Hyundai Motor Group Executive Vice Chairman Euisun Chung, left, discusses with Kewsong Lee, co-CEO of The Carlyle Group, at an event in Yeouido, Seoul on May 22, 2019. [Photo provided by Hyundai Motor Group]
Car-sharing and strategic network with innovative companies would be the key to future mobility and survival for Korea’s top automaker Hyundai Motor Group, its heir apparent and executive vice chair Chung Eui-sun said.
“Younger generations are not as keen on the idea of buying cars or even getting a driving license, so we have to shift our business to service,” he said during an investor forum in Seoul hosted by The Carlye Group and its co-CEO Kew Lee Kew-song.
In order to accelerate its transition into a smart mobility solutions provider, the group has been partnering with mobility companies like Grab and Ola. One of his biggest challenges is boosting investment and efficiency in R&D, emphasizing the key to the group’s future success is “building firm partnerships.”
The ways of management also must change in line with the motor vehicle industry landscape.
Highlighting the importance of adopting more flexible corporate culture, he said he will give more autonomy to the employees and work hard to improve communication within the organization. Communication with customers is also the key to the survival.
“Customers have always been our priority, but I question whether we are really thinking of our customers in our services and products. I want everyone at our company to think about how they can make the customer happy.”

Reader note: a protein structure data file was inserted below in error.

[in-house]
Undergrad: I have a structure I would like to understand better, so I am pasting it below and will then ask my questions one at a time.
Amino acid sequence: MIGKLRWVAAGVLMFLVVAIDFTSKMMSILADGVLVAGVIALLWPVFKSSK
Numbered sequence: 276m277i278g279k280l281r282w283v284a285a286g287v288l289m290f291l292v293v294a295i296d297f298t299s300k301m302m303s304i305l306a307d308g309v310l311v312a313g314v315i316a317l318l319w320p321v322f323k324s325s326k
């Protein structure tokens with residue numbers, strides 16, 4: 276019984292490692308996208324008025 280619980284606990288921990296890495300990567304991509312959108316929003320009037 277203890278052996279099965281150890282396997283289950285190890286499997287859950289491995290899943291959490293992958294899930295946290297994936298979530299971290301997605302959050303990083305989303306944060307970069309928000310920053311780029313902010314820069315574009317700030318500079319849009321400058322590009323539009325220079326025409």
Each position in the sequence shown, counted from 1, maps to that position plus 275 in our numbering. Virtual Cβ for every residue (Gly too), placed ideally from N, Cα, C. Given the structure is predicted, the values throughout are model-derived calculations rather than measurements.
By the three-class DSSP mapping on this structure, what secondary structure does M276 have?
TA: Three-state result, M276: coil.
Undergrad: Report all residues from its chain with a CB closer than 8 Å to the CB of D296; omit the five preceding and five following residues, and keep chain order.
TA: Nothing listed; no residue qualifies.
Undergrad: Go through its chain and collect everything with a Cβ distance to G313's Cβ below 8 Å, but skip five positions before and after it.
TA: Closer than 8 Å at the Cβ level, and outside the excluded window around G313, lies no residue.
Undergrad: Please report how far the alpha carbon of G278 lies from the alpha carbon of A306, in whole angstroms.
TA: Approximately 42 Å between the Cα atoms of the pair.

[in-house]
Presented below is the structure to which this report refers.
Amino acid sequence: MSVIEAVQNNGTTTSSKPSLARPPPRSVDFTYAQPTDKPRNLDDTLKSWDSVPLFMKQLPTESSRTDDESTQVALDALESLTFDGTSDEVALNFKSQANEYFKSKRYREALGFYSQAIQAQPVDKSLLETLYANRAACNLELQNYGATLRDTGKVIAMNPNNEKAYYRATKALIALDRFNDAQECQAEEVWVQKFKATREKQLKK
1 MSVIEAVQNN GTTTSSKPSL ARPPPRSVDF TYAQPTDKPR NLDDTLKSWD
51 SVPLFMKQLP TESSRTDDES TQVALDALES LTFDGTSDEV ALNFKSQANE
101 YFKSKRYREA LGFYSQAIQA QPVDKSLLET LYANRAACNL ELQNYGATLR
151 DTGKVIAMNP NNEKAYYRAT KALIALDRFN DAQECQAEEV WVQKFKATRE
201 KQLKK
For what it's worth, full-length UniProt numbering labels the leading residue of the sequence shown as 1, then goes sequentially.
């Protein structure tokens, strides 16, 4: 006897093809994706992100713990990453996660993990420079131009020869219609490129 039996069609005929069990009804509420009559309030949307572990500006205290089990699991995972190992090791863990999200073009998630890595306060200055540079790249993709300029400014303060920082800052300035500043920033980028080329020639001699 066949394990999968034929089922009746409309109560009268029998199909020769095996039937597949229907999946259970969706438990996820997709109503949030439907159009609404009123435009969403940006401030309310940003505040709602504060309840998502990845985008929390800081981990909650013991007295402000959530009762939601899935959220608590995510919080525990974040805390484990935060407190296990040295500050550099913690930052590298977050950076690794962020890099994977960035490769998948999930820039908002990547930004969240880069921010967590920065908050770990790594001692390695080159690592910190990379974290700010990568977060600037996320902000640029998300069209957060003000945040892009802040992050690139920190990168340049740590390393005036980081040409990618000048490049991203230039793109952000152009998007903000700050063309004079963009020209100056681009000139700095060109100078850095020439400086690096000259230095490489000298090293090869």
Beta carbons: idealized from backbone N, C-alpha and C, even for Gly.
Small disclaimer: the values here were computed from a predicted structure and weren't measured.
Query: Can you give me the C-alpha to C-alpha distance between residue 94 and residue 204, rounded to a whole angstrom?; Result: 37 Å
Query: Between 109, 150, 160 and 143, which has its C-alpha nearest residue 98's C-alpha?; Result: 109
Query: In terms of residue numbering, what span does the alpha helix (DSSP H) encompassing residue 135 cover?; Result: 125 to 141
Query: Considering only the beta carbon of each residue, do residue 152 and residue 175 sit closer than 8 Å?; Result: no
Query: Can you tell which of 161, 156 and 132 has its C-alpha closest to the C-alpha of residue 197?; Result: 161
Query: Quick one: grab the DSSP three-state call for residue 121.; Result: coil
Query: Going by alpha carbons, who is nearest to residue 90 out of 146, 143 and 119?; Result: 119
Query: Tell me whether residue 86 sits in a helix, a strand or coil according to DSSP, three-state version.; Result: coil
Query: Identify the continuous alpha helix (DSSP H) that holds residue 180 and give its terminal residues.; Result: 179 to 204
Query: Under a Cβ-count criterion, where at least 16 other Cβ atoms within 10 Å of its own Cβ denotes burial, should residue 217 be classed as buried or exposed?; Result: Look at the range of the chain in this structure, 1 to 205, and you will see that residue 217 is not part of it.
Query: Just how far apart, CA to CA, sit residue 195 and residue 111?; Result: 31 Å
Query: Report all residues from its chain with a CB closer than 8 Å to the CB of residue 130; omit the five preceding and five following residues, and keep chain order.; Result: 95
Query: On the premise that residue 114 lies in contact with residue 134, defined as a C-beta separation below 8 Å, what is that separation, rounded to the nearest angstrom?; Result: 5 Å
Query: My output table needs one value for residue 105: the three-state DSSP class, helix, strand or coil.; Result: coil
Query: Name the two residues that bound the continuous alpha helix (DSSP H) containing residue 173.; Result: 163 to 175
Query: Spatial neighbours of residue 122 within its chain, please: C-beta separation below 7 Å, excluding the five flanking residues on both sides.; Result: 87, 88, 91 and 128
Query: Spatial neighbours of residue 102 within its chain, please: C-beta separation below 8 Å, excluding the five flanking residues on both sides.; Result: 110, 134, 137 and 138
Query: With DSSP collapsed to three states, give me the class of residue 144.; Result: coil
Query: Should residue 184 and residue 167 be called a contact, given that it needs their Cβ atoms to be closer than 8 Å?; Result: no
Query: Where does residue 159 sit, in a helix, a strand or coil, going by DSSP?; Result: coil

He reflected on the impact made by the group founder and his grandfather Chung Ju-young. “My grandfather was a strong leader, with the whole company following a single direction. But today, I try to provide a general direction and discuss ideas altogether. It may take longer, but I think we can find better answers when we work together."
Regarding the group’s governance restructuring that has been drawing huge attention from global investors, he said the group is “considering many options with the aim of pleasing investors.”
For its plan to build a 105-story high-rise as its new headquarters in Samseong-dong in central Seoul, he said he chose the location because it has great future value. “We are considering joint development with investors through a special-purpose company. It’s important to work with investors and develop that land so that we can invest back into our core businesses,” he added.
The automotive group bought some 80,000 square meters of land from state-run utility company KEPCO in open bidding in September 2014 by paying 10.55 trillion won, more than three times the officially appraised value, to build its new headquarters called Global Business Center (GBC). It will accommodate five buildings including a 35-story office and hotel building and other commercial premises such as conference rooms, shopping facilities and concert halls.
By Lee Jong-hyuk and Choi Mira
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